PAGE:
Butter clams are found in gravel, sand and mud in the lower estuary.
Features: Butter clams have oval and oblong shaped shells with heavy, thick valves and hinge. Their shells have fine concentric rings. When the shell is open a little, you can see the pale ruffled mantle reminiscent of a tuxedo. Like the gaper clam, they have their two siphons fused together into one "neck." Average adult size is 3-4 inches but can range up to 5 inches. Butter clams can live more than 20 years.
Habitat: Butter clams can be found in a wide variety of substrates but prefer sand and gravel/cobble beaches. They live approximately 6-12 inches deep and can be found in the mid-intertidal to subtidal zones. They are most often found in large estuarine systems, such as Tillamook, Yaquina, and Coos bays, and places with few rivers like Netarts Bay, because of their preference for higher salinity water.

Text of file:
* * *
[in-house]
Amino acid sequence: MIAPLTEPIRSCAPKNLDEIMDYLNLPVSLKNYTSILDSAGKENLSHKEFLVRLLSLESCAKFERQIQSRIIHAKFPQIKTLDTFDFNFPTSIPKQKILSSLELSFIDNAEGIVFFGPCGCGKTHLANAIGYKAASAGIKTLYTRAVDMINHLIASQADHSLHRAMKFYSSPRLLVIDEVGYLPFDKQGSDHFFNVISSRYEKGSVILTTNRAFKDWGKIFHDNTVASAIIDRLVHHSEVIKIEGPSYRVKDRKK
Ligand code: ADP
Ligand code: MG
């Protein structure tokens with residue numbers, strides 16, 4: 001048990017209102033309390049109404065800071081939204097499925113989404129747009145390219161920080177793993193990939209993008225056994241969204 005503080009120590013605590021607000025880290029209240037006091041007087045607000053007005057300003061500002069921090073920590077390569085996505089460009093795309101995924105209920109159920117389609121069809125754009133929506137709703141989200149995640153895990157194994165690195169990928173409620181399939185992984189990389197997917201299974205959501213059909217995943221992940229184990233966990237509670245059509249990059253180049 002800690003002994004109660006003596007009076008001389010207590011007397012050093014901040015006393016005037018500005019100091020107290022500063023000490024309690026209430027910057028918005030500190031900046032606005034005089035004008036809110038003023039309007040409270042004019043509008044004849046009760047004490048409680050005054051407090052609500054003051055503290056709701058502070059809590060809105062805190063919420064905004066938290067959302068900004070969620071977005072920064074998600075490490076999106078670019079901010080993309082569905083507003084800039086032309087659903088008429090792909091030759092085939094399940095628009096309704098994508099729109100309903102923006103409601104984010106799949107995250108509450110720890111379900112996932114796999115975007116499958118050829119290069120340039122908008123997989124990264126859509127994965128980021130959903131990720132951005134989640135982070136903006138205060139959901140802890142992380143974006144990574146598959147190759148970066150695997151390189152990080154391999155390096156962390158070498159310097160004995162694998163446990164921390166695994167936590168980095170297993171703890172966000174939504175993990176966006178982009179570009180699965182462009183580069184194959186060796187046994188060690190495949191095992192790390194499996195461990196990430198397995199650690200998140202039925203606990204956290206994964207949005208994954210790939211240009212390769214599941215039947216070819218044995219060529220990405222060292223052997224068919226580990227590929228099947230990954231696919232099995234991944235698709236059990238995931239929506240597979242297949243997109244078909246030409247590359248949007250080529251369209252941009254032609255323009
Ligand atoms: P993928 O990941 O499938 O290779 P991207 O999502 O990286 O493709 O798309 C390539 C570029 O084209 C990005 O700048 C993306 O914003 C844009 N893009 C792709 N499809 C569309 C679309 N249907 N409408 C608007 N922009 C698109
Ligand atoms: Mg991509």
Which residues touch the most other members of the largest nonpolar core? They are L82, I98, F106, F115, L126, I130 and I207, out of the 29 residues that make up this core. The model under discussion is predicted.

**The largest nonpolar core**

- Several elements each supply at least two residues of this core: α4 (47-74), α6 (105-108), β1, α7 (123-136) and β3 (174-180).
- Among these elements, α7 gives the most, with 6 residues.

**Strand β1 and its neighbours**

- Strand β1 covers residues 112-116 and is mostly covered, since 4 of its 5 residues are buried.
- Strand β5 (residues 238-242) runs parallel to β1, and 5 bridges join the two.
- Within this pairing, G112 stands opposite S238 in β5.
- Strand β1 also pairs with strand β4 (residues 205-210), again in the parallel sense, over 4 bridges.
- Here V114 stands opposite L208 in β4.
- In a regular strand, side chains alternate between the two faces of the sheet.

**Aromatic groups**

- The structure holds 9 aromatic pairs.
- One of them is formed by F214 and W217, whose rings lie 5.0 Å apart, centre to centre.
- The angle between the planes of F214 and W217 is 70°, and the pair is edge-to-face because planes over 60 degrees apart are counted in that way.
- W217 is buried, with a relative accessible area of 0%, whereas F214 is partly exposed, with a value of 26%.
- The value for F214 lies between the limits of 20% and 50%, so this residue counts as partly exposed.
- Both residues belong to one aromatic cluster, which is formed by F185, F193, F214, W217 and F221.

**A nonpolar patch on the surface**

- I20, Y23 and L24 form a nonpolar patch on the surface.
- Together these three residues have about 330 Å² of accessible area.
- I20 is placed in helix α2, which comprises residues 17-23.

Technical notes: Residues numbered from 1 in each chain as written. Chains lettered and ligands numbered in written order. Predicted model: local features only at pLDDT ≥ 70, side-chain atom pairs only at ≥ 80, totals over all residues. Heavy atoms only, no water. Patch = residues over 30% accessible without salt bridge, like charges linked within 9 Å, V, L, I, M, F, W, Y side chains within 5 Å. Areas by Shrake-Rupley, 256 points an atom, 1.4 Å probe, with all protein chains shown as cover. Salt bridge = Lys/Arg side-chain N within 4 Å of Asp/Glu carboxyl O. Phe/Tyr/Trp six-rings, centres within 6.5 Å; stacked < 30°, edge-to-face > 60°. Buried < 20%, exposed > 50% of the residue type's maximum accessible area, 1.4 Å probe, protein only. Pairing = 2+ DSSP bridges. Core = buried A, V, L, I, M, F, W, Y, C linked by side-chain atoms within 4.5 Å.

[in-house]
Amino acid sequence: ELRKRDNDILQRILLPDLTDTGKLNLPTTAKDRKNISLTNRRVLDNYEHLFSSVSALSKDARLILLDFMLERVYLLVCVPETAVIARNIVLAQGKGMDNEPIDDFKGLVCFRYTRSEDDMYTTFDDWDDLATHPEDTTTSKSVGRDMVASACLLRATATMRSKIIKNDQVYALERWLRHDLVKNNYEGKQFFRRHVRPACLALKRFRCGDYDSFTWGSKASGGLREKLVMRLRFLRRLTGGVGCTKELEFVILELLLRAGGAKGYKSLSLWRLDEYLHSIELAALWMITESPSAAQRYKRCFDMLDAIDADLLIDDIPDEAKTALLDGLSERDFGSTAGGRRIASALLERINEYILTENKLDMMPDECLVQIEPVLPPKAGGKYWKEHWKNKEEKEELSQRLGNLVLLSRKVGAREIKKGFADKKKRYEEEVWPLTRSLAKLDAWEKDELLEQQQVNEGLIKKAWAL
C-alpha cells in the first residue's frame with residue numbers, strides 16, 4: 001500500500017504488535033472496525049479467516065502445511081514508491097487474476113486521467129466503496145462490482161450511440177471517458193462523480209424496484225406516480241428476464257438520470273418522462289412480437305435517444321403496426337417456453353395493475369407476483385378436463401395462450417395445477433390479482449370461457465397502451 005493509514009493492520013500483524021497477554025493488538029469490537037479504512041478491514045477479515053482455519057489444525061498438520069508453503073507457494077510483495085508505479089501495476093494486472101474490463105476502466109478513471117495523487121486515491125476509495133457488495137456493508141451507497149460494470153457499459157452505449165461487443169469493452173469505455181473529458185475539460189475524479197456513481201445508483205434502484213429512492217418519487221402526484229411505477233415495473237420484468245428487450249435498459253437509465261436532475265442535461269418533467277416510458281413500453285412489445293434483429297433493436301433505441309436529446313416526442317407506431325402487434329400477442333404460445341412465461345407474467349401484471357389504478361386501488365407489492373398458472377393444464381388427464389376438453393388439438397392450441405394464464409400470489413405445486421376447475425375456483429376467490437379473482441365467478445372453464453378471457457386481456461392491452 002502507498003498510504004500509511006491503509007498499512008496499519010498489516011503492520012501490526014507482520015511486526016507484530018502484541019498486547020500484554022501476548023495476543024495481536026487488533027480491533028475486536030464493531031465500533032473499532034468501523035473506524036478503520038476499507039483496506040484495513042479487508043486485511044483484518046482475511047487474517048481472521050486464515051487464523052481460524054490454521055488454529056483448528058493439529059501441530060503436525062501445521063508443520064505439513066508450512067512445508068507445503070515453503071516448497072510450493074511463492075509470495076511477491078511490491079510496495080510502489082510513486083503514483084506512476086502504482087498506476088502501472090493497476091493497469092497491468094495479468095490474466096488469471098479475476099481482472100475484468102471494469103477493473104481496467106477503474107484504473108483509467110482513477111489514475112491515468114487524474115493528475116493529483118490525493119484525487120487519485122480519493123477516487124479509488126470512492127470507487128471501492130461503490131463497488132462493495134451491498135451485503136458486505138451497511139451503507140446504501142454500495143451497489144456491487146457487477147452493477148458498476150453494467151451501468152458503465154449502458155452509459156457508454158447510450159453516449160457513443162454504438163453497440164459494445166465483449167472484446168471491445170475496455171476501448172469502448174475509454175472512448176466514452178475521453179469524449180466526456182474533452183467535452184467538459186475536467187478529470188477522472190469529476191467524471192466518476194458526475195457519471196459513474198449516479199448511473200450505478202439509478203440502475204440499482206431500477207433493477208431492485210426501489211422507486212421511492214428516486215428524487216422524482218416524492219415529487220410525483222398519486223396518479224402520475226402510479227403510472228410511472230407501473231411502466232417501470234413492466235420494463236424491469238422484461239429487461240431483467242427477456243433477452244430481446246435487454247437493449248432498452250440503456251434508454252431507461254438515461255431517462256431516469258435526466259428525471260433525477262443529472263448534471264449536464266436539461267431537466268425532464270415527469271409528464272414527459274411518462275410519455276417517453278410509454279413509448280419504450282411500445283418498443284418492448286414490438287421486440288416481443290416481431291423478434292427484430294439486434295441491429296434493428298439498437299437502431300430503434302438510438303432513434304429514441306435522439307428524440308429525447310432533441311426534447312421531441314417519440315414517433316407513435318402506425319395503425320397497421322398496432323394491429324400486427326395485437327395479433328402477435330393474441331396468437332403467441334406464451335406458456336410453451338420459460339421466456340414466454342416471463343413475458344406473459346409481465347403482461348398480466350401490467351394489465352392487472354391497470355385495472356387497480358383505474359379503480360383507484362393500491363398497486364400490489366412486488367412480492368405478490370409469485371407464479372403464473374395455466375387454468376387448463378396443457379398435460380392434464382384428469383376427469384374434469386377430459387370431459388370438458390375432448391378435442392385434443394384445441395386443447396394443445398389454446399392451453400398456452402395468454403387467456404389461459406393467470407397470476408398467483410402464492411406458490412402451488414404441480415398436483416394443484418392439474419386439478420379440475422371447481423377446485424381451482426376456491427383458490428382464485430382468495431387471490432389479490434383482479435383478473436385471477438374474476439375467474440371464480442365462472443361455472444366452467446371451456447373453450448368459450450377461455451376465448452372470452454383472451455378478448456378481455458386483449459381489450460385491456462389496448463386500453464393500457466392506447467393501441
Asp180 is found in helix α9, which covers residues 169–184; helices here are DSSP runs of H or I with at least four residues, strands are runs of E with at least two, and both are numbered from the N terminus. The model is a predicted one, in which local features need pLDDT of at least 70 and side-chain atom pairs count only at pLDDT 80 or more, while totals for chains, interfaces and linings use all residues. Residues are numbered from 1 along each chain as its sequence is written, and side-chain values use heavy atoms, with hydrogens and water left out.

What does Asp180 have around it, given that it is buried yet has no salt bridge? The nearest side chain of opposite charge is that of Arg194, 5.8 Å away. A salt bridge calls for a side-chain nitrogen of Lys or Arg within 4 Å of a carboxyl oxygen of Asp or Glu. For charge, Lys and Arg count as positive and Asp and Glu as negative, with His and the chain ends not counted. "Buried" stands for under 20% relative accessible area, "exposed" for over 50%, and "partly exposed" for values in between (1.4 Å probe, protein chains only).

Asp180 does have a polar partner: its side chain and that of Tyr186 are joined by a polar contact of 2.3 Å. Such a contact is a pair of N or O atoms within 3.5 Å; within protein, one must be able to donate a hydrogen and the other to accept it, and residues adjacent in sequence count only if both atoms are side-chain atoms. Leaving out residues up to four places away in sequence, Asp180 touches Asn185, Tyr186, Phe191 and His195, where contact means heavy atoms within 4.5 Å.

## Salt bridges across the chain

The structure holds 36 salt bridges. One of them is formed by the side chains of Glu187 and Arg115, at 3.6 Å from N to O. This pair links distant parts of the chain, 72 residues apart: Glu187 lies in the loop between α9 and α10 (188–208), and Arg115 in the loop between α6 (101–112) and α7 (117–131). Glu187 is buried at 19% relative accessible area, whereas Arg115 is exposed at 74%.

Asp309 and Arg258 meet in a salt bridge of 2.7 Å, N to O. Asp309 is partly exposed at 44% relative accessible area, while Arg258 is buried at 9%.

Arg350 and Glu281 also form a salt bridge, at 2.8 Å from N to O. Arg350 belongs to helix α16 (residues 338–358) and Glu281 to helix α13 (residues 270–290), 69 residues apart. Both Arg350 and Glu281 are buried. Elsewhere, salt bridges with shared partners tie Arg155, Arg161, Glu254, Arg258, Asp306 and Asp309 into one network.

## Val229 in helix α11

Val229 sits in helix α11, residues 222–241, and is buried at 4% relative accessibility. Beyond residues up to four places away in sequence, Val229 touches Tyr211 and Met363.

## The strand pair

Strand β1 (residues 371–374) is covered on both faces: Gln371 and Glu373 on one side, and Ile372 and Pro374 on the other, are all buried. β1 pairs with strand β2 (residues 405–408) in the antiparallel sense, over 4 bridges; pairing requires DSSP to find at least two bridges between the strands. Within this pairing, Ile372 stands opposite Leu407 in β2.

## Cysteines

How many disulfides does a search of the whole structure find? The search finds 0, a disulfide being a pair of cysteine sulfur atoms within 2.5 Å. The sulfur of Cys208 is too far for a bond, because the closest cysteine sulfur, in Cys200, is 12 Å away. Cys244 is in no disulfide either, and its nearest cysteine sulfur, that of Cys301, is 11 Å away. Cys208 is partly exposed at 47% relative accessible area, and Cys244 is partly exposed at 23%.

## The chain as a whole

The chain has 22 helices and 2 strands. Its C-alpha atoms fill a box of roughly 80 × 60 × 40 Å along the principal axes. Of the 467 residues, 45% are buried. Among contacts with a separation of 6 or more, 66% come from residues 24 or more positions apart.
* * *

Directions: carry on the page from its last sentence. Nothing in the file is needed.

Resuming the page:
Technique: Dig next to the show and not on top of it... shells break fairly easily and digging next to the show helps prevent hitting the shell with the shovel. Since clam siphons are not always directly vertical, many clammers prefer to use a wooden dowel to follow the siphon hole down.
Learn more here before getting started clamming.